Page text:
Resumes play a crucial role in selling yourself as a candidate. Recruiters and Hiring Committees are looking closely through your resume to determine how your qualifications align with those required by the position. CU Boulder’s team of recruiters has put together “Resume Dos and Don’ts” to consider when revising or creating your resume.
- Take the time to step back and think about what you’ve done professionally and what you really want to do next. Make 2 columns on a piece of paper. In the first column, list out where you’ve been professionally; in the second column, list you where you’d like to go in your career. Use the first column as the core of what you call out in your resume; use the second column for search terms as you make your way across the job boards.
- Read the job description and required qualifications carefully and be sure your resume reflects those requirements. This will help make the connection for the reviewer if you are applying transferable skills.
- Make sure that if you choose to include a “Summary” and/or “Objective” section at the beginning, that it aligns specifically with the position that you’re applying for.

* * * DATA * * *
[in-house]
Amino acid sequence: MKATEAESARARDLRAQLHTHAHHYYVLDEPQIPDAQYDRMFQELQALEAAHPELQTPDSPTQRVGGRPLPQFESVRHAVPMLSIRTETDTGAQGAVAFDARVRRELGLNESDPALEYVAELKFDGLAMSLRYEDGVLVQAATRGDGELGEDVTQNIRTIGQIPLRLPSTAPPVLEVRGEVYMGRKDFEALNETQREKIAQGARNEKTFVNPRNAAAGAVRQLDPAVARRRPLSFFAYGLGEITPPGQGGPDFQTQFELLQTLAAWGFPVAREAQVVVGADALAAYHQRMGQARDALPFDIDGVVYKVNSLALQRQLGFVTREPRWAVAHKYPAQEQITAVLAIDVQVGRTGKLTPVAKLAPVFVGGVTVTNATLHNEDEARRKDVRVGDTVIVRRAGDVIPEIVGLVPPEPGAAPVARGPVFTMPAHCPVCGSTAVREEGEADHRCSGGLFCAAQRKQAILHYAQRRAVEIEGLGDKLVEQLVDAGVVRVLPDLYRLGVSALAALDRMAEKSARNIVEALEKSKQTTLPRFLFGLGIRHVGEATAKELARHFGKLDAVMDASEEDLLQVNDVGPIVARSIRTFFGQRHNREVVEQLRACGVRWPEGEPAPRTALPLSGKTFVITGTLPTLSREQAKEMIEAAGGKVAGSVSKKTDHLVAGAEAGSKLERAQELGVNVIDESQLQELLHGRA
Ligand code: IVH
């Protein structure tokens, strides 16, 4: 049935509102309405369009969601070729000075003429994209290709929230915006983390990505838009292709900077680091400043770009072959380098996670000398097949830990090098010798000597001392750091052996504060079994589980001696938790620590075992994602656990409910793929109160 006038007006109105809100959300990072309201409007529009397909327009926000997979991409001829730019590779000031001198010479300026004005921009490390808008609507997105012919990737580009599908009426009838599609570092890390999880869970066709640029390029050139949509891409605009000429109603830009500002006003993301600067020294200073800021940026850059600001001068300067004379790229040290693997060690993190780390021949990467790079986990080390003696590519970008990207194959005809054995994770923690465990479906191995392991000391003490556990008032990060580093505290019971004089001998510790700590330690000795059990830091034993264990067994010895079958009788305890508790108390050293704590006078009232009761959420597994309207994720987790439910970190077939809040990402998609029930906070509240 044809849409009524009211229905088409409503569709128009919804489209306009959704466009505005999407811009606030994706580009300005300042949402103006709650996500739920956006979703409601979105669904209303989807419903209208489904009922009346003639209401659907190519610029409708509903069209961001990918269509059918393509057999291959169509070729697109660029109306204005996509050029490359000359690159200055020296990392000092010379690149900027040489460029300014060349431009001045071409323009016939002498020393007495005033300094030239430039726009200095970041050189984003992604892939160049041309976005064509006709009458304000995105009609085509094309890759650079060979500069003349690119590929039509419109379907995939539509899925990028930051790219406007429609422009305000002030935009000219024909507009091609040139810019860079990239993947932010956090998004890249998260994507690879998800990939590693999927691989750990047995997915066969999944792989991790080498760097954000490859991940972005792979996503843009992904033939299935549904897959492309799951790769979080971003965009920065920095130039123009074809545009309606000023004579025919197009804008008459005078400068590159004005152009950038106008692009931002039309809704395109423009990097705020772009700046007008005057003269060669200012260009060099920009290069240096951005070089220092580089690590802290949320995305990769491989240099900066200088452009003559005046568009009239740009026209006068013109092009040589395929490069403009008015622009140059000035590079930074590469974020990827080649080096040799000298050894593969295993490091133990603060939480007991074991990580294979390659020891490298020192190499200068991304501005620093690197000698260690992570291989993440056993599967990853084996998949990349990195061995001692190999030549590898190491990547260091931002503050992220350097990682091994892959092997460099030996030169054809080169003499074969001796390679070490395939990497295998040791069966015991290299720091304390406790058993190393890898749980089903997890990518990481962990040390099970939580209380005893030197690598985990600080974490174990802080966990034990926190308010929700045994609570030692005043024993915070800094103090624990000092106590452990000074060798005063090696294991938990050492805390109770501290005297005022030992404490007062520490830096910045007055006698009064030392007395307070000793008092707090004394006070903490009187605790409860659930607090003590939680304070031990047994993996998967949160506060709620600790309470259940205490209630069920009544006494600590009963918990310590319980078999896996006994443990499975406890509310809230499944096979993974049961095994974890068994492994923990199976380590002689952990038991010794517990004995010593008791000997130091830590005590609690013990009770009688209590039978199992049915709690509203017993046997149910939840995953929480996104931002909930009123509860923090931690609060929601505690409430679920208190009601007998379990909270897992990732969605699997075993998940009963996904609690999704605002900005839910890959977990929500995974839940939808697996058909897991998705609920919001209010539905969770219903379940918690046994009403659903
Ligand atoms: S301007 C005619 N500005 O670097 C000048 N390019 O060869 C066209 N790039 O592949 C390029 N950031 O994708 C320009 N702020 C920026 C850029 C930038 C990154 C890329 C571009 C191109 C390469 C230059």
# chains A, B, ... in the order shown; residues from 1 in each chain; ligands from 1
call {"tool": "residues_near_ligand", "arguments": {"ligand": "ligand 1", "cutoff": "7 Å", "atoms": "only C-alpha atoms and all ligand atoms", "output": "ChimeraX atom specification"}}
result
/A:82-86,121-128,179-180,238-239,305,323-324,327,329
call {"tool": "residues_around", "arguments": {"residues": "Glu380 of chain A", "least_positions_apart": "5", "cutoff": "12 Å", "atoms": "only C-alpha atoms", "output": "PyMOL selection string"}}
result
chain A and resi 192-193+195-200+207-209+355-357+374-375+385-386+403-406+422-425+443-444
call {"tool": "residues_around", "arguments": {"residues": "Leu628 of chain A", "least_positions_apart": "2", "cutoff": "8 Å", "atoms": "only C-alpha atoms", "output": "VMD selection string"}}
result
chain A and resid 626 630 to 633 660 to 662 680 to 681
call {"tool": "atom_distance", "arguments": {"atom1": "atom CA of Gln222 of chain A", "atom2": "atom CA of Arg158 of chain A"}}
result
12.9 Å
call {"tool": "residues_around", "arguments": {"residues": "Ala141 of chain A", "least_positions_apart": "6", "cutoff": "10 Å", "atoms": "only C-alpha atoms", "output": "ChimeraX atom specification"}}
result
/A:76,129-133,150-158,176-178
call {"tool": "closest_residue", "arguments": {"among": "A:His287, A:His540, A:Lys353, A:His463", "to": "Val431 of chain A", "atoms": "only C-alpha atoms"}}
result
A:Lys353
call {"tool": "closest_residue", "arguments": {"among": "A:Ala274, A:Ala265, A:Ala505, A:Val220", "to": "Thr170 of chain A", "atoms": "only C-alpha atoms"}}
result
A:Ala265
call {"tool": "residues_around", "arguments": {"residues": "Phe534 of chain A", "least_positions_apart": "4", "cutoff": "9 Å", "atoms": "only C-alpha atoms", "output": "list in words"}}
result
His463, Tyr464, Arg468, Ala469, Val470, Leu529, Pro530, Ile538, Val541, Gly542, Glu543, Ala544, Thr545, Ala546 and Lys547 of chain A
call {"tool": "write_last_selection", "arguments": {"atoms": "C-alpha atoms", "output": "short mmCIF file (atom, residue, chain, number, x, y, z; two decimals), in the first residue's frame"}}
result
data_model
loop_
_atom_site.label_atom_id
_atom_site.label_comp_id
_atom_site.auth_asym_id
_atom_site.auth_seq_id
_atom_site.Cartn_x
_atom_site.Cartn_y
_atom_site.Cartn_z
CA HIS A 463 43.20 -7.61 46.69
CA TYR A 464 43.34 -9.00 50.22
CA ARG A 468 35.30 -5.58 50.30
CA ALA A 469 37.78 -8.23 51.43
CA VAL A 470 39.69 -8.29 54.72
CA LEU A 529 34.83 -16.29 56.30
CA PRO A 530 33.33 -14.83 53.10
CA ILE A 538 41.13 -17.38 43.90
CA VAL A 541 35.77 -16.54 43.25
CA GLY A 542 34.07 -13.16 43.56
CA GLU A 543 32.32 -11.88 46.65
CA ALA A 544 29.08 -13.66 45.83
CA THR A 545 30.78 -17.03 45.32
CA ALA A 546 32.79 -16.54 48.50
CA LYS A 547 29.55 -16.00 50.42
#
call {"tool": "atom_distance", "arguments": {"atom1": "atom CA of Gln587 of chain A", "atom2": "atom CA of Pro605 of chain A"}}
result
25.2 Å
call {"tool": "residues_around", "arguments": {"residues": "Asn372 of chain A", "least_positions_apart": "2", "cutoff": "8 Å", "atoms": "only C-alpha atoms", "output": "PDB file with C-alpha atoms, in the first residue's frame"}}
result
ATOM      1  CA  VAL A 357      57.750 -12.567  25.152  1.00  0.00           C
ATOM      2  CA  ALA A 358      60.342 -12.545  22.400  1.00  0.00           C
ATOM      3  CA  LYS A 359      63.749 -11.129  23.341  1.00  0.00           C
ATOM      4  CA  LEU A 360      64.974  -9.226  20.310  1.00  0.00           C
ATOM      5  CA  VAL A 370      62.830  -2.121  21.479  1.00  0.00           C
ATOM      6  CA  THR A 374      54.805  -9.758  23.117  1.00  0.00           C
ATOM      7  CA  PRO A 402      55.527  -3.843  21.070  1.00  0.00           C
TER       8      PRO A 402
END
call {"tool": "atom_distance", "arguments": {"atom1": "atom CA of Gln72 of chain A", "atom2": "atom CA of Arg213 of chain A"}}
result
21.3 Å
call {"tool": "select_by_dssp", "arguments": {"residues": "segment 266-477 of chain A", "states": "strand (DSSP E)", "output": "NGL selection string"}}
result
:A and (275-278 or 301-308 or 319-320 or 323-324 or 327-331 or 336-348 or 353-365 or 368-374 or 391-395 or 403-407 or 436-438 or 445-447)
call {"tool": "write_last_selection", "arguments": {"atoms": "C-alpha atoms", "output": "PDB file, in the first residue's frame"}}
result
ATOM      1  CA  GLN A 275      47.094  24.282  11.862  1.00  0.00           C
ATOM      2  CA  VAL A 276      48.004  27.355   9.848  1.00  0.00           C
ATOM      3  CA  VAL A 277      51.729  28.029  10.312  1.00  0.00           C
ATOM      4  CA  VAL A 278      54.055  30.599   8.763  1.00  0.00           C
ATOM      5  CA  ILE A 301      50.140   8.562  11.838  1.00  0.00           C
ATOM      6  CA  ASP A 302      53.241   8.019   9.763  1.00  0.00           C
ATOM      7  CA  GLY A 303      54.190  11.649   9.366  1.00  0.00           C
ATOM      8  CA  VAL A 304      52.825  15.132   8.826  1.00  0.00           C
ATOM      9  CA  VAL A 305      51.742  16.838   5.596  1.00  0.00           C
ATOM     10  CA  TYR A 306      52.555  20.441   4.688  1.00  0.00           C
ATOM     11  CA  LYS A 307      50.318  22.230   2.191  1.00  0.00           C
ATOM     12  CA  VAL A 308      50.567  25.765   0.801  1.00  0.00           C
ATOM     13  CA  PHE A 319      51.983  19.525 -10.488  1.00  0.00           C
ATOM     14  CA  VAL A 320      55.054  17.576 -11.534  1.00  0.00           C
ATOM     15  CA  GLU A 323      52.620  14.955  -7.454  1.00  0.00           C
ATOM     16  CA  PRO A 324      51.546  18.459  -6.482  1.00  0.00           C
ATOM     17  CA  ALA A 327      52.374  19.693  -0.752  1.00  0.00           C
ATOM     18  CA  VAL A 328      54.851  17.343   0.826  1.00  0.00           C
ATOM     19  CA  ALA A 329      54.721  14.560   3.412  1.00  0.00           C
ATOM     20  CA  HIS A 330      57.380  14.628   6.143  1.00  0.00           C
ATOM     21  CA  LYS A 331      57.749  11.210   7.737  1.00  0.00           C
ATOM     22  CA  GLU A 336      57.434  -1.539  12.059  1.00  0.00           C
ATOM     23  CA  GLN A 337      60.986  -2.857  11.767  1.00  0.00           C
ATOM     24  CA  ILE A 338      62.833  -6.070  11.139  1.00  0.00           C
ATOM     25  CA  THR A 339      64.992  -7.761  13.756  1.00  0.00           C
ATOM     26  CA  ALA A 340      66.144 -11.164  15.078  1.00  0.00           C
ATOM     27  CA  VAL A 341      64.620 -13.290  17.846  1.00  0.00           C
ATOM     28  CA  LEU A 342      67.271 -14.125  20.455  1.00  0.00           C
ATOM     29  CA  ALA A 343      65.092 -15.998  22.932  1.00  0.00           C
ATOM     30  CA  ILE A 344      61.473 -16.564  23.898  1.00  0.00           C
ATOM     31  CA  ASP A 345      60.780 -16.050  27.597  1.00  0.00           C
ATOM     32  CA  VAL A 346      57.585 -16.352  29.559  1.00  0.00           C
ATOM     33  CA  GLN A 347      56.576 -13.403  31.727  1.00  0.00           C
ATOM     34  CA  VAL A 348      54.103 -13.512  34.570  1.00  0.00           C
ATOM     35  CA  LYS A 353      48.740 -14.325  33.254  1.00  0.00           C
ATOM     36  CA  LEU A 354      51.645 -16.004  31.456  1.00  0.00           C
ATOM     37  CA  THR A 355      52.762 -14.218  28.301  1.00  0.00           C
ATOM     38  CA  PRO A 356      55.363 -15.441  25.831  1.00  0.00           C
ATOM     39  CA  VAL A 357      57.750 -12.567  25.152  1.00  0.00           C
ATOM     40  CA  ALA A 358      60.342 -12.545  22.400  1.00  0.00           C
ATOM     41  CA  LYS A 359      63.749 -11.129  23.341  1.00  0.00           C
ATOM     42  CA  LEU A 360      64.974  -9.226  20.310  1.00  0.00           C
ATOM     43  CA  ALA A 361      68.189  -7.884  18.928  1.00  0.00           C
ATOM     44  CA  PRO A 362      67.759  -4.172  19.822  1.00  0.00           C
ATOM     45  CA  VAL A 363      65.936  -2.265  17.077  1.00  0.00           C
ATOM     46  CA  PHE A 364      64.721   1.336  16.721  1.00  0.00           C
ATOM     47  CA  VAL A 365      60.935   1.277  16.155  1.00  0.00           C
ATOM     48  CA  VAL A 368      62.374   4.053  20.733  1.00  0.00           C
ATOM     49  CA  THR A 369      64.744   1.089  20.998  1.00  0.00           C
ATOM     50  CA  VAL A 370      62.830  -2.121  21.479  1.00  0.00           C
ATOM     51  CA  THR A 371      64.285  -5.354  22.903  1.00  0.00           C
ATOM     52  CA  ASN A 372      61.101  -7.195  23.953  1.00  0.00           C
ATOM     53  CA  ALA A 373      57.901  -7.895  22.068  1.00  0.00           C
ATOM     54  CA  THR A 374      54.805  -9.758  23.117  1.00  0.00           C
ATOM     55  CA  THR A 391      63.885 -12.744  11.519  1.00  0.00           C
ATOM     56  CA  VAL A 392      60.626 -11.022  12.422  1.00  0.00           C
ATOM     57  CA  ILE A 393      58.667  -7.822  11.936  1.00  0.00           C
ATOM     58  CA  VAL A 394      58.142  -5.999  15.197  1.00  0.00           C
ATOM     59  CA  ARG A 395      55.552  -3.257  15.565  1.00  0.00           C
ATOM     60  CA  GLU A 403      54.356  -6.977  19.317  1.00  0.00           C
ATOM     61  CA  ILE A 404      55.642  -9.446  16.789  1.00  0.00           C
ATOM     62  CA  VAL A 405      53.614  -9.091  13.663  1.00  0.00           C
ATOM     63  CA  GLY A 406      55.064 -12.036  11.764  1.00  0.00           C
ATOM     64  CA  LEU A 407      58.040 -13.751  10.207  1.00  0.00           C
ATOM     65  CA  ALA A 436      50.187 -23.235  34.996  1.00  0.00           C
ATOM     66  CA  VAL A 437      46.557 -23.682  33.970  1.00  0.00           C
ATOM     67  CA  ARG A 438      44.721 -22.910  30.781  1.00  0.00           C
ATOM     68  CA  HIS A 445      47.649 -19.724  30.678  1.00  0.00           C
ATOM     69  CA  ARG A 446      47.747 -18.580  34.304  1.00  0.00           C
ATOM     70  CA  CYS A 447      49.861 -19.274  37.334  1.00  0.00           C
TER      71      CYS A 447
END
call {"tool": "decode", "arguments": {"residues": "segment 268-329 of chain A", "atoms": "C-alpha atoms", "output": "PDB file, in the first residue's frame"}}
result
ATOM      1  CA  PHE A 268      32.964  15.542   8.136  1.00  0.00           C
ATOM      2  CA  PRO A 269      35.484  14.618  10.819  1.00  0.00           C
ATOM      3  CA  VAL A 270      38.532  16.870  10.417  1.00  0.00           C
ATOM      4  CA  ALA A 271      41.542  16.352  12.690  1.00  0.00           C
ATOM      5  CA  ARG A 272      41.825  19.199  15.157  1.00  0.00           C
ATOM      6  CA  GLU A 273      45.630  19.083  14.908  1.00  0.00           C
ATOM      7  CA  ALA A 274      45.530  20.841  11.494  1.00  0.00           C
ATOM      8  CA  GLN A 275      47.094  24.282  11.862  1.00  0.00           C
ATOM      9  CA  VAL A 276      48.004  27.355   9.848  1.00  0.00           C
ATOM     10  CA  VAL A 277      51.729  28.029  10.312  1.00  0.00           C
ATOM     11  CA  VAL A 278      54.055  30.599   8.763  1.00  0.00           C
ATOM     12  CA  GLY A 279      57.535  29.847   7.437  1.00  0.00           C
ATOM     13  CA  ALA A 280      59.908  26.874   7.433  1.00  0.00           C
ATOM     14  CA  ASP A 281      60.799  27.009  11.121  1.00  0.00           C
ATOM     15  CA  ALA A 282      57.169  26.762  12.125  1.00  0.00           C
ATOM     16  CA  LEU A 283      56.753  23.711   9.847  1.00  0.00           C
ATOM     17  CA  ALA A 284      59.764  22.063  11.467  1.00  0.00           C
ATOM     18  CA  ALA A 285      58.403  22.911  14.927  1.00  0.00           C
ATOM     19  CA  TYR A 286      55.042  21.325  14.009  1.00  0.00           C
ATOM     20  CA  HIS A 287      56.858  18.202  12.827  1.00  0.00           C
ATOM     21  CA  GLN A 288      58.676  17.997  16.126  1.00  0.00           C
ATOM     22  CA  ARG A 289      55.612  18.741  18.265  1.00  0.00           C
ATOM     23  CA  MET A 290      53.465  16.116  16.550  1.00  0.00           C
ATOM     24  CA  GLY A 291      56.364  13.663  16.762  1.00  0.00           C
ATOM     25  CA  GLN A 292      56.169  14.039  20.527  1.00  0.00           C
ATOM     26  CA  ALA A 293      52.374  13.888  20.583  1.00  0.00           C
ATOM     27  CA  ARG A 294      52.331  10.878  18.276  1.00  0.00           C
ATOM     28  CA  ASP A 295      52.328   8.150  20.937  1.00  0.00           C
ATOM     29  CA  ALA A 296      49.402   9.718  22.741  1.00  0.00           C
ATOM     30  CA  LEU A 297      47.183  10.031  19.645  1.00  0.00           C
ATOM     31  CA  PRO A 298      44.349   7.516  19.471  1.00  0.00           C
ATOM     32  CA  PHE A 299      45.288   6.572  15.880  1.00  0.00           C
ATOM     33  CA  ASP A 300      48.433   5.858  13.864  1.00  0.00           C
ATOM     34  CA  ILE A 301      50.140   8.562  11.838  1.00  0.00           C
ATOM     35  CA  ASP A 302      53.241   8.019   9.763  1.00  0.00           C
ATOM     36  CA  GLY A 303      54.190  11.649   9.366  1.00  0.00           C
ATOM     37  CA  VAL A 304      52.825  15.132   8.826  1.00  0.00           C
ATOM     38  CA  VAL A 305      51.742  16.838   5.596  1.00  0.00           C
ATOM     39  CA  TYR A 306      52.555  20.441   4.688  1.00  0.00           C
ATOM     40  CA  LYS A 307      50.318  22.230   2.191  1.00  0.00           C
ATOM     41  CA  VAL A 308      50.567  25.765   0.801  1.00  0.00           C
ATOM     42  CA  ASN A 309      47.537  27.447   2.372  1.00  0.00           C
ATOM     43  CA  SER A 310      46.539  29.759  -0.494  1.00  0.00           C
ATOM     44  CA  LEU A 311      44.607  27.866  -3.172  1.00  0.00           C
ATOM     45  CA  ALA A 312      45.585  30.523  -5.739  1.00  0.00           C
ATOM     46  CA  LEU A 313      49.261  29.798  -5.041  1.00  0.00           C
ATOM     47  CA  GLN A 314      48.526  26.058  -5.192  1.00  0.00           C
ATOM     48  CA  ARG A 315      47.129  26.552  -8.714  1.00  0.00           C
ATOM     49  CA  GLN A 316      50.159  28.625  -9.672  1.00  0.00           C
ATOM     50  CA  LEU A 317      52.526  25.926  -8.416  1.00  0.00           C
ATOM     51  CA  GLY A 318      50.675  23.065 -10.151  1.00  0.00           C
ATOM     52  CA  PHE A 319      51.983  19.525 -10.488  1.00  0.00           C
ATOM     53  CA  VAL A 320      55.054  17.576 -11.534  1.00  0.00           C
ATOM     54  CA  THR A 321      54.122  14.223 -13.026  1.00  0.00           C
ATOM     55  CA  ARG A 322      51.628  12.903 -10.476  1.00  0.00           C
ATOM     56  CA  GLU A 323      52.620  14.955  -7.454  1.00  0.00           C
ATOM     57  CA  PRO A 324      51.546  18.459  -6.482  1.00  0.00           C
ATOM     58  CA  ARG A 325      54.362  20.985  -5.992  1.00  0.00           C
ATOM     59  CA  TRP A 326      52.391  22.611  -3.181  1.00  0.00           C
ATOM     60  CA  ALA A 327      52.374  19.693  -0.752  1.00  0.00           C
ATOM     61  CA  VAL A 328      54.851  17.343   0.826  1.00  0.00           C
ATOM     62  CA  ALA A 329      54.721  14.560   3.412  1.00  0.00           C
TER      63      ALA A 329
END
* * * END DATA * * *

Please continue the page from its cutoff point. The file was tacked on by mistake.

- Go through the trouble of creating a professional email address for your job search. Your email address is part of your brand so try to use your first and last name. If you have a more common name, think about adding your profession or the position you are targeting at the end: john.smithHRPro@domain.com or jennie.bunchSWDev@domain.com.
- Include the dates of employment on your work history/experience. More specifically, indicate mm/yy to mm/yy.
- Make sure to be cognizant of the length of your resume. For early-career resumes, try to keep it to one page. For later-career, don’t be afraid to go to two pages, but try to keep it to that.
- Feel obligated to include a “Summary” or “Objective” to open your resume. You can always put that context into your cover letter as a preface to your resume.
- Use an unprofessional email address. Your email address should not be suggestive, inappropriate, flirtatious, silly, or funny but rather should be simple and professional.
- List soft skills that use cliches (“results-driven,” “responsible for,” “team player,” or “hard worker” for example) to describe yourself. You will also want to try and avoid using terms like “assisted with.” Instead, identify clear action items you accomplished.
- Separate out ‘career achievements’ from ‘work experience’ on your resume. Make sure that each achievement/accomplishment is listed under the position/company where it was achieved/accomplished!
- Just note the company name. Include a 2 - 3 word summary of the company’s market niche or include the type and location of the business if it is not clear. Adding context around the size of the company is helpful as well.